Contour Innovations is proud to announce a collaboration among aquatic industry leaders to better understand aquatic species domination and lake ecosystem changes over time.
FIGURE: Left map: sampling points where Eurasian watermilfoil was present (yellow) and absent (X) during a survey on Gibbs Lake, Rock Co. WI (77 acres) in summer 2012. Points are overlain on a vegetation biovolume “heat” map from passively collected sonar data and processed by ciBioBase. Red colors represent vegetation that is growing near the surface. Right map: Eurasian watermilfoil “Dominance” map rendered from both species survey and biovolume data. Areas that are yellow and red areas where Eurasian watermilfoil is dominating the plant community and growing near or at the surface.
For over a decade, point-intercept survey methodology for aquatic plants has become a standard tool for lake resource managers and researchers. The standard methodology entails sampling a uniform grid of points on a lake noting presence absence of species at each point with a rake. It is a relatively rapid way of objectively sampling aquatic plant species communities in a repeatable fashion. However, the methodology’s primary downfall as a standalone method is its insensitivity to abundance of plants (i.e., 1 sampled sprig gets the same weight as a large bed at any one point). Using passive collection of aquatic plant abundance with acoustics while conducting point-intercept surveys and simple GIS overlay methodology, we are demonstrating how species presence/absence layers can be combined with complementary biovolume (% of water column occupied by vegetation) data to form a more complete survey of both species AND abundance. Further, using both species and abundance layers, we developed a ‘dominance’ index for each species sampled and demonstrate how dominance of any or all species can be used as an aquatic plant management or lake habitat monitoring tool. Examples from Eurasian watermilfoil and Hydrilla infested lakes are used, as well as lakes with no known invasive species. Future applications could utilize other environmental datasets (e.g., climate, land cover & use, water quality, etc.) to model the potential and realized outcome of a host of environmental stressors on the probability that invasive species will come to dominate a water body.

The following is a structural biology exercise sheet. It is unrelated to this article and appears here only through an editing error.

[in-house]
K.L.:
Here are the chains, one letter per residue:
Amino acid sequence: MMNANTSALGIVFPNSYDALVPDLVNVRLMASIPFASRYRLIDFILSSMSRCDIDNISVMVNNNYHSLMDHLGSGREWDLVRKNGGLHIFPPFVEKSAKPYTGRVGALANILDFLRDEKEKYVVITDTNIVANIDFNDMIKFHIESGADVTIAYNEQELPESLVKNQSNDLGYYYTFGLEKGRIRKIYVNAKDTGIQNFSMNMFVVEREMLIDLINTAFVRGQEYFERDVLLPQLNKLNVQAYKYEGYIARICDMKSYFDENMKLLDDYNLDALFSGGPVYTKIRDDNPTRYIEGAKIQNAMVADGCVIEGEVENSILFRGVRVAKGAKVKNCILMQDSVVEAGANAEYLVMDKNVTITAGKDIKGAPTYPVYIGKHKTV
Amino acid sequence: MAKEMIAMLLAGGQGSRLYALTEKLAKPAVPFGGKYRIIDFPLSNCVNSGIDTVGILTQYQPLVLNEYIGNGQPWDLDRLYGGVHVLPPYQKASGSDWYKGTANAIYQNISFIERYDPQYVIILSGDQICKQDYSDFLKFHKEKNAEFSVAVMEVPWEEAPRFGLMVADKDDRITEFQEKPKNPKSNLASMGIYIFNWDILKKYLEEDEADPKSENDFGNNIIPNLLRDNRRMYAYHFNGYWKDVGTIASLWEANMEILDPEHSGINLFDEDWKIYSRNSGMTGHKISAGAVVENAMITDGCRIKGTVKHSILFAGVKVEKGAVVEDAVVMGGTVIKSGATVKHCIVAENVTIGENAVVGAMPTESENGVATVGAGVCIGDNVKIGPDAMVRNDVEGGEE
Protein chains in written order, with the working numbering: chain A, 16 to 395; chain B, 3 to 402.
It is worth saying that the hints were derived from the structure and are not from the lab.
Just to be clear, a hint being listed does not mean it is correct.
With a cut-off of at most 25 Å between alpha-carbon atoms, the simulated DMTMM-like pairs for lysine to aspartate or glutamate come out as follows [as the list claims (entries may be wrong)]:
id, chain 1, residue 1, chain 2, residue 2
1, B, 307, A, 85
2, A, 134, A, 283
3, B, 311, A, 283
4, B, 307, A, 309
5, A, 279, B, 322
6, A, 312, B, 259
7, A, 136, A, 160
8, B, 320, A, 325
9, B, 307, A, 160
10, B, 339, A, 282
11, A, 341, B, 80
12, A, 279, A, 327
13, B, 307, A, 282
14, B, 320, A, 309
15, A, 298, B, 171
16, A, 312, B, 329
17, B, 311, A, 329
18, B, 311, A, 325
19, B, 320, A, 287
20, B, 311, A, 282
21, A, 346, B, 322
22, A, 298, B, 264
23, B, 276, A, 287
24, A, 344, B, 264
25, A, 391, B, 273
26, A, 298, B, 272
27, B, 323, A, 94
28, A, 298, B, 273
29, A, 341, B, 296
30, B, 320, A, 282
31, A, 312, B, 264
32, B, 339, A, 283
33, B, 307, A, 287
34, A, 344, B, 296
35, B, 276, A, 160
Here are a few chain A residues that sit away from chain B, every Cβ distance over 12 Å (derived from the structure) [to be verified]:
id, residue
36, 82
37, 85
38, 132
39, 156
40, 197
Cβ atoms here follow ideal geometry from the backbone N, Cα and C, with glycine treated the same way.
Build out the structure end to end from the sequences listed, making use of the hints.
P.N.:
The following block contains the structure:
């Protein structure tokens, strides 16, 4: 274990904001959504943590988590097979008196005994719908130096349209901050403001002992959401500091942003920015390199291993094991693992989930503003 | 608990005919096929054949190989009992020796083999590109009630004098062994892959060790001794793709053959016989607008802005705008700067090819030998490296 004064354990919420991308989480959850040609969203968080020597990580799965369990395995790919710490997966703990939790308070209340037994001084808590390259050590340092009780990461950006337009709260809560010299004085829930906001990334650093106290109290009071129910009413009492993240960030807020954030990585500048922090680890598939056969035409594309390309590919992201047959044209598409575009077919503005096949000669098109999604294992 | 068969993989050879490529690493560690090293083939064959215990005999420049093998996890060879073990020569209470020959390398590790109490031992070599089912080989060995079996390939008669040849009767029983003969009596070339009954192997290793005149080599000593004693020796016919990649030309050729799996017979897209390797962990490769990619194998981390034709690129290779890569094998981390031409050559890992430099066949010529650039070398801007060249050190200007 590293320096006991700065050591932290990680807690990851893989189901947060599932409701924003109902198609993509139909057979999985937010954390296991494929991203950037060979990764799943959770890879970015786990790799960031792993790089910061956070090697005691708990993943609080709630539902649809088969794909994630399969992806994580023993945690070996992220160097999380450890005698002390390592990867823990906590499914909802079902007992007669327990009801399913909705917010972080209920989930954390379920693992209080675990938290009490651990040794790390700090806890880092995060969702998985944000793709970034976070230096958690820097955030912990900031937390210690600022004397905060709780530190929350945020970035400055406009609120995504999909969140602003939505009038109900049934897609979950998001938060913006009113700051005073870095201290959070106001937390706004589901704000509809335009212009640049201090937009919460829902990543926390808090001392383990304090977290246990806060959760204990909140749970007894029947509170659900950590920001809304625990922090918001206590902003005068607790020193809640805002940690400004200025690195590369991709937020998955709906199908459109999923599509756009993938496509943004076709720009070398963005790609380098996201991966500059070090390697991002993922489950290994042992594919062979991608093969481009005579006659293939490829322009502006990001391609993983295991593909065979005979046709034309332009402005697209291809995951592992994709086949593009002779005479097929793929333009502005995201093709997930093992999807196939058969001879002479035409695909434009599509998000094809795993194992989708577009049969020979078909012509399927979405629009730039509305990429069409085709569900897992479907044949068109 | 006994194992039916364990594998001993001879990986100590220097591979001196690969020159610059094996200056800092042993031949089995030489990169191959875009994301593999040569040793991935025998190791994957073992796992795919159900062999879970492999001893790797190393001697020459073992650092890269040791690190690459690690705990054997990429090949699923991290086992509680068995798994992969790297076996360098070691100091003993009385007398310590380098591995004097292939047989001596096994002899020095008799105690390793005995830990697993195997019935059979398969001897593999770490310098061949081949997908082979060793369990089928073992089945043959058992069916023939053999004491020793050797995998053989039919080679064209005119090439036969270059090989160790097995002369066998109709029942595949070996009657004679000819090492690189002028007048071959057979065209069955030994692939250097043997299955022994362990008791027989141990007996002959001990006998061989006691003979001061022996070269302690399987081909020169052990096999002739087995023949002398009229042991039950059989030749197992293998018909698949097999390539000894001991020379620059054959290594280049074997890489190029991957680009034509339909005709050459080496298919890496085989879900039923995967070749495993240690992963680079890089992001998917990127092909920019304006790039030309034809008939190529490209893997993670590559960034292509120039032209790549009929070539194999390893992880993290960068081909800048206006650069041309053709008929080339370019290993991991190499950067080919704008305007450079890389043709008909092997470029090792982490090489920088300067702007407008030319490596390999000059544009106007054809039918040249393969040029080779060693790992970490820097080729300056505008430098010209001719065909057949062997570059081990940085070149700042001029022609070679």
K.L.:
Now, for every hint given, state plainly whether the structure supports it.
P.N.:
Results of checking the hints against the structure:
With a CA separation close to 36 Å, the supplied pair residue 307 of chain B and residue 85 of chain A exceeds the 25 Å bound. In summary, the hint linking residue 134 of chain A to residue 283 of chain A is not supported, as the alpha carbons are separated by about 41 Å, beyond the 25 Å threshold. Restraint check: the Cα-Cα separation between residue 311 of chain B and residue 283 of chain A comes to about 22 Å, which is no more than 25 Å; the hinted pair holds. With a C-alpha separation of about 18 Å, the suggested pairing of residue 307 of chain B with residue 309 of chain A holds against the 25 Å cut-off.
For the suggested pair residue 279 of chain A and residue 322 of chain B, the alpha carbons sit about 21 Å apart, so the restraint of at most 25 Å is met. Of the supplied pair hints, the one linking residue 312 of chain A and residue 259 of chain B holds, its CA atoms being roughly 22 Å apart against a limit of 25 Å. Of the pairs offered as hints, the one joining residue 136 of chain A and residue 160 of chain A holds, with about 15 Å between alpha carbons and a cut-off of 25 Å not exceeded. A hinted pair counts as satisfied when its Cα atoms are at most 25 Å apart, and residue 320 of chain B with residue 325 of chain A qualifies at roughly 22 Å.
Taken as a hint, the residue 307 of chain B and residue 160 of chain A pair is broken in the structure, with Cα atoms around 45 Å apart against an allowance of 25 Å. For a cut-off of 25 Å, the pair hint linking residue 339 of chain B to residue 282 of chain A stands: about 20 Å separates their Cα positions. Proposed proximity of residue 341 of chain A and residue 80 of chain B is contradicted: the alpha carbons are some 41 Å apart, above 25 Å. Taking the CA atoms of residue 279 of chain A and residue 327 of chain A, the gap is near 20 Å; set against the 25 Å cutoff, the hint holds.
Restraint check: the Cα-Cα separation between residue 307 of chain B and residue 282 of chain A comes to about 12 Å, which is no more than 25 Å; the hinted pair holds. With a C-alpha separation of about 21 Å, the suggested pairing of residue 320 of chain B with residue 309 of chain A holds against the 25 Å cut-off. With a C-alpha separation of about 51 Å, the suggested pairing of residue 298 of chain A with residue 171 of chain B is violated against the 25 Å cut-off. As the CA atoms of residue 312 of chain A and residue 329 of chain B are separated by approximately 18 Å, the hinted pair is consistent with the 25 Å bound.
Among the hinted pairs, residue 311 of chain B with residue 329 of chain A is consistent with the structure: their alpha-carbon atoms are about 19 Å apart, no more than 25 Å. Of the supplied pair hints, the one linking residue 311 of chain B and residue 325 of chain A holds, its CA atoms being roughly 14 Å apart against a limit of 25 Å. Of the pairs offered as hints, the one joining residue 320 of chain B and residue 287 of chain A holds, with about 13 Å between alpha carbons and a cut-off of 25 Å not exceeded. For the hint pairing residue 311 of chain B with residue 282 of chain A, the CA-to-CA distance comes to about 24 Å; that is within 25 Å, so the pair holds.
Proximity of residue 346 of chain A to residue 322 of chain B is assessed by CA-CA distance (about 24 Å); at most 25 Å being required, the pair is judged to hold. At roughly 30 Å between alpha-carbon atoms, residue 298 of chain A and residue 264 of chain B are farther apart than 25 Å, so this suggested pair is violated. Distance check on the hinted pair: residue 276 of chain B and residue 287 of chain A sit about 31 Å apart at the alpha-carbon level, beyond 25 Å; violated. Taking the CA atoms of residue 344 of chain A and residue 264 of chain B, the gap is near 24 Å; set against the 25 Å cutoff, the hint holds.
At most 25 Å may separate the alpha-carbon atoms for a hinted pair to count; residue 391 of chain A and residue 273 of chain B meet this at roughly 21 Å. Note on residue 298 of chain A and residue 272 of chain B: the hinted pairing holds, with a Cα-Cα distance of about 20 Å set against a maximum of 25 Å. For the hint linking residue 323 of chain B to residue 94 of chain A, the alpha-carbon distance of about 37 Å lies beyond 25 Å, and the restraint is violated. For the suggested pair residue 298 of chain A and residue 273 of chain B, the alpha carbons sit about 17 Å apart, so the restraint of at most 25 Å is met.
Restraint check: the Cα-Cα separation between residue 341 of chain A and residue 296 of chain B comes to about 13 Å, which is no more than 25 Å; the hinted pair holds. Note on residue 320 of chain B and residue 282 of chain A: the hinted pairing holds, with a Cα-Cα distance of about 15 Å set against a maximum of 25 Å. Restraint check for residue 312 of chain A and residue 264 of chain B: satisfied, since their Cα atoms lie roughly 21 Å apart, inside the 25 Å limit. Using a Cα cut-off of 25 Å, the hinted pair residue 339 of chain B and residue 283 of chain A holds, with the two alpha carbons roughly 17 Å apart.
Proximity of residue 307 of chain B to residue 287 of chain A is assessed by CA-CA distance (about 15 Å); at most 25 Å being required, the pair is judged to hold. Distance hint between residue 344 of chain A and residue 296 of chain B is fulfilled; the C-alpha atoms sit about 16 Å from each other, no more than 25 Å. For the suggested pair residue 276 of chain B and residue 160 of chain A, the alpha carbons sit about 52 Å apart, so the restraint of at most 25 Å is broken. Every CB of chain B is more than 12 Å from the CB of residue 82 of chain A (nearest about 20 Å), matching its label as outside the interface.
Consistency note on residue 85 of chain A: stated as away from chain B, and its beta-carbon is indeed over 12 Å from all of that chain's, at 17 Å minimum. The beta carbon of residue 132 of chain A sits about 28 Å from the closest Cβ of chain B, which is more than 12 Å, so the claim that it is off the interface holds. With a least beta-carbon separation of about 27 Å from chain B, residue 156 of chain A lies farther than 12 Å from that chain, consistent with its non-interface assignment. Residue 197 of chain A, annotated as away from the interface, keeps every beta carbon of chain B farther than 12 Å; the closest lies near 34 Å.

Aquatic biologist Ray Valley commented, “We’re excited about where this research can take us. Collaboration among experts throughout the US allows us to draw on a wide knowledge base and study ecosystems from a broad geographic range. As this historical centralized dataset grows over the coming years, continued collaboration will help us understand and forecast true patterns in dominance and ecosystem effects of invasive species introduction.”
If you have interest in participating in this collaboration or have suggestions, please contact Ray Valley at RayV@ContourInnovations.com
Participating Groups Currently Include:
Contour Innovations LLC, Minneapolis MN
University of Florida Center for Aquatic and Invasive Plants, Gainesville, FL
Wisconsin Department of Natural Resources Bureau of Science Services, Madison, WI
Minnesota Department of Natural Resources Fisheries Research Unit
North Carolina State University, Department of Crop Science, Raleigh NC
We’ll keep you updated along the way! Centralization is powerful stuff when it comes to aquatic plant research!